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Frankfurt Woman's Campaign Stalls Skyscraper : Frau Kraus Wants to Keep Her Sunlight

September 17, 1989|KEVIN COSTELLOE | Associated Press

FRANKFURT, West Germany — Developers offered Hannelore Kraus $1.6 million to drop her lawsuit blocking the construction of what would be Europe's tallest skyscraper in her neighborhood in downtown Frankfurt.

She refused.

It would ruin the neighborhood, Kraus explained in her home about 200 feet from the building site overlooking one of Frankfurt's busiest and noisiest intersections.

Her one-woman campaign against the Campanile, as the skyscraper would be called, has made the 49-year-old Kraus a local celebrity--and the bane of developers planning other skyscrapers in Frankfurt, a world financial center.

Kraus has the right under Hesse state law to block the Campanile because it would cut off sunlight to her home, and the law specifies that every homeowner has a right to sunlight.

869 Feet Tall

The developers have not said how many stories they plan in the building, but it will be 265 meters tall--or 869 feet, which would make it slightly less than three-quarters the height of the 102-story Empire State Building in New York City.

"The Campanile is just too big for this area," Kraus said. "Then you have the whole array of problems that crop up, for example, traffic and burdens on the environment."

That, she added, isn't worth becoming an instant millionaire.

"I can't approve of this building by somehow personally taking myself out of controversy or by being paid off," she said in an interview in her apartment in the six-story building she owns near the main railroad station. Developers originally had hoped to start construction in March, and they say she is the sole cause of a costly delay.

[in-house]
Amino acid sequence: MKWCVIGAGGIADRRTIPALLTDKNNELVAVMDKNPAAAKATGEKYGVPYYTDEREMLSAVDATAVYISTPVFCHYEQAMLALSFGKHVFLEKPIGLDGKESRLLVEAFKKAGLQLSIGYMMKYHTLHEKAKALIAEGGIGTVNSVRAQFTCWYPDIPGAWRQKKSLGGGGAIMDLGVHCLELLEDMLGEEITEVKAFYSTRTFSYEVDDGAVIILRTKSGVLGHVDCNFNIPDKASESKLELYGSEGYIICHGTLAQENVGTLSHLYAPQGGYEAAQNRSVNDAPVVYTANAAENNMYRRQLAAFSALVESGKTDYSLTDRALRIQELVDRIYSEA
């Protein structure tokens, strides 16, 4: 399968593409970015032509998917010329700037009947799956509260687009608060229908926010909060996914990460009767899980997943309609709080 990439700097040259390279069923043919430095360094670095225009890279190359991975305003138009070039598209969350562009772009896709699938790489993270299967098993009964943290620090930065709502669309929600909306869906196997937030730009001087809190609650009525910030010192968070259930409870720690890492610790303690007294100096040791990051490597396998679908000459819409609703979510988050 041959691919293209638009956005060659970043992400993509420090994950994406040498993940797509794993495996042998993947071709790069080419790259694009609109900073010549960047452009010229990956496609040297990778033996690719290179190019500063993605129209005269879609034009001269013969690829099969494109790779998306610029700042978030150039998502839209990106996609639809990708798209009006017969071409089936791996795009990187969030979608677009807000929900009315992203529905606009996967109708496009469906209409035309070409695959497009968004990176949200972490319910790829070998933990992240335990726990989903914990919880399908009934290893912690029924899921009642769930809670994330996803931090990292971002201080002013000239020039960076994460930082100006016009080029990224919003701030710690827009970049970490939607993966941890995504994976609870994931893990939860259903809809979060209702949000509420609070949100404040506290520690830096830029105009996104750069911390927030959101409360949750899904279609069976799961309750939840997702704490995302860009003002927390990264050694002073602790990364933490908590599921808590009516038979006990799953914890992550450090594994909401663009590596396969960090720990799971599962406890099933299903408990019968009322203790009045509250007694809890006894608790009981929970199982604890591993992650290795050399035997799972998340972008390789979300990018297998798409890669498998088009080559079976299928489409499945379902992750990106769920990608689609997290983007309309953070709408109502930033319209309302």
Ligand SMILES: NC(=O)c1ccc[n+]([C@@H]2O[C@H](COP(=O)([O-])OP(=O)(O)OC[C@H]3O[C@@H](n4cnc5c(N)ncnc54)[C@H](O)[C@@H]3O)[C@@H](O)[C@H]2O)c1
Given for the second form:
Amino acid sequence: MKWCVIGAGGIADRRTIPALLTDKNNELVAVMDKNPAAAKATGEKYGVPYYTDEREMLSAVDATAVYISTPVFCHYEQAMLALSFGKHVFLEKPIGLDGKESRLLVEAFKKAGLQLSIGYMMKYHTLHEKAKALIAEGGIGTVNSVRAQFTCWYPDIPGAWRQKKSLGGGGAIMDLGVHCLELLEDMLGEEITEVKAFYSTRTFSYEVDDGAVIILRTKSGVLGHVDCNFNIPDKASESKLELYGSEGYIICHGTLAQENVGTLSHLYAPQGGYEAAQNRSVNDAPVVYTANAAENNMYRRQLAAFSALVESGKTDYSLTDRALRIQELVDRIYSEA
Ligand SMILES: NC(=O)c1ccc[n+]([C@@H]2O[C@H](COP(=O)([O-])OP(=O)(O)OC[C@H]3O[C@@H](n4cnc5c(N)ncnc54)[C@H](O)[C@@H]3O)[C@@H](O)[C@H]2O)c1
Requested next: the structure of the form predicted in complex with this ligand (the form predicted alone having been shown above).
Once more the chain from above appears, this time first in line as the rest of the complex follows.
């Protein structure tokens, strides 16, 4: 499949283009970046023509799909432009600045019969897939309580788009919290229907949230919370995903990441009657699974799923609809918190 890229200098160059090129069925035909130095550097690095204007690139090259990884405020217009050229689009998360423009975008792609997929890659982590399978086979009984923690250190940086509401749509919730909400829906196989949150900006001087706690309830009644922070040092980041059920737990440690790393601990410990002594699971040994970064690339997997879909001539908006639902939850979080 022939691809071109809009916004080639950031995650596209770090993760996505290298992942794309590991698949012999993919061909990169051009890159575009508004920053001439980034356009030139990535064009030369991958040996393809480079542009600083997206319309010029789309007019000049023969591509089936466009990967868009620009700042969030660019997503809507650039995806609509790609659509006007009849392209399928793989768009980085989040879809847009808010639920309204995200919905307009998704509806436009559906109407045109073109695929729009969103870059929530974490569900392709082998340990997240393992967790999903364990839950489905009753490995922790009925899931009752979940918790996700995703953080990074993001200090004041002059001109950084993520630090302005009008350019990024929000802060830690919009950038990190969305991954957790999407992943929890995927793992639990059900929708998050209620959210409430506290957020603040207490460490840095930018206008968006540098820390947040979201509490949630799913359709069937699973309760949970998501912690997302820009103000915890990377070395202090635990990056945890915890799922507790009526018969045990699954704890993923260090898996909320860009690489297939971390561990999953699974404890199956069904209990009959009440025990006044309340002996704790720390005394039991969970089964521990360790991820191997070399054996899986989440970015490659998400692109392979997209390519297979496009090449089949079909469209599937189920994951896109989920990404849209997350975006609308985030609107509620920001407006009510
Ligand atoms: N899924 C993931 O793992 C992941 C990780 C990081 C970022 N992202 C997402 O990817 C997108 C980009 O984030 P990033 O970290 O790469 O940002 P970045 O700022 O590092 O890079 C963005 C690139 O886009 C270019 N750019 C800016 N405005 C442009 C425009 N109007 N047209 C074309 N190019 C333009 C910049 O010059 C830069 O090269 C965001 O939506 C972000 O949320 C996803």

Kraus also runs a small boardinghouse nearby in her Gutleutviertel neighborhood.

While the ethnically mixed crossroads in the city's center often puts German speakers in the minority, Kraus says the Campanile would destroy the "excellent neighborliness" in the area.

"Even my pension guests who are here for a short time notice that," Kraus said. "They go down to the small restaurants nearby, to the Spaniard, or the Yugoslav or the Greek."

She said that during the annual summer street festival everyone in the area takes part, "even the Turkish grandmothers who before just looked out of the upper-story windows and didn't dare to come down."

Kraus takes pride in defending the area where she has lived most of her life, and she chuckles as she recalls how a former city planner predicted that money would persuade her to change her mind.

Kraus is unmarried, but it is customary in Germany to refer to women in her age bracket as Frau, or Mrs. She also holds a doctorate in political science, and that requires her foes to address her as Frau Doktor Kraus when they discuss the issue with her.

"These skyscrapers are a thing of the past," she said, because of what she called their excessive energy consumption.

Closely Watched

Various developers are watching the outcome closely, because they plan to build half a dozen or so skyscrapers in Frankfurt.

Critics claim that the building boom is excessive in this city of about 600,000 people.

Developers say the total price tag for the Campanile project, including the land, runs to nearly $405 million.

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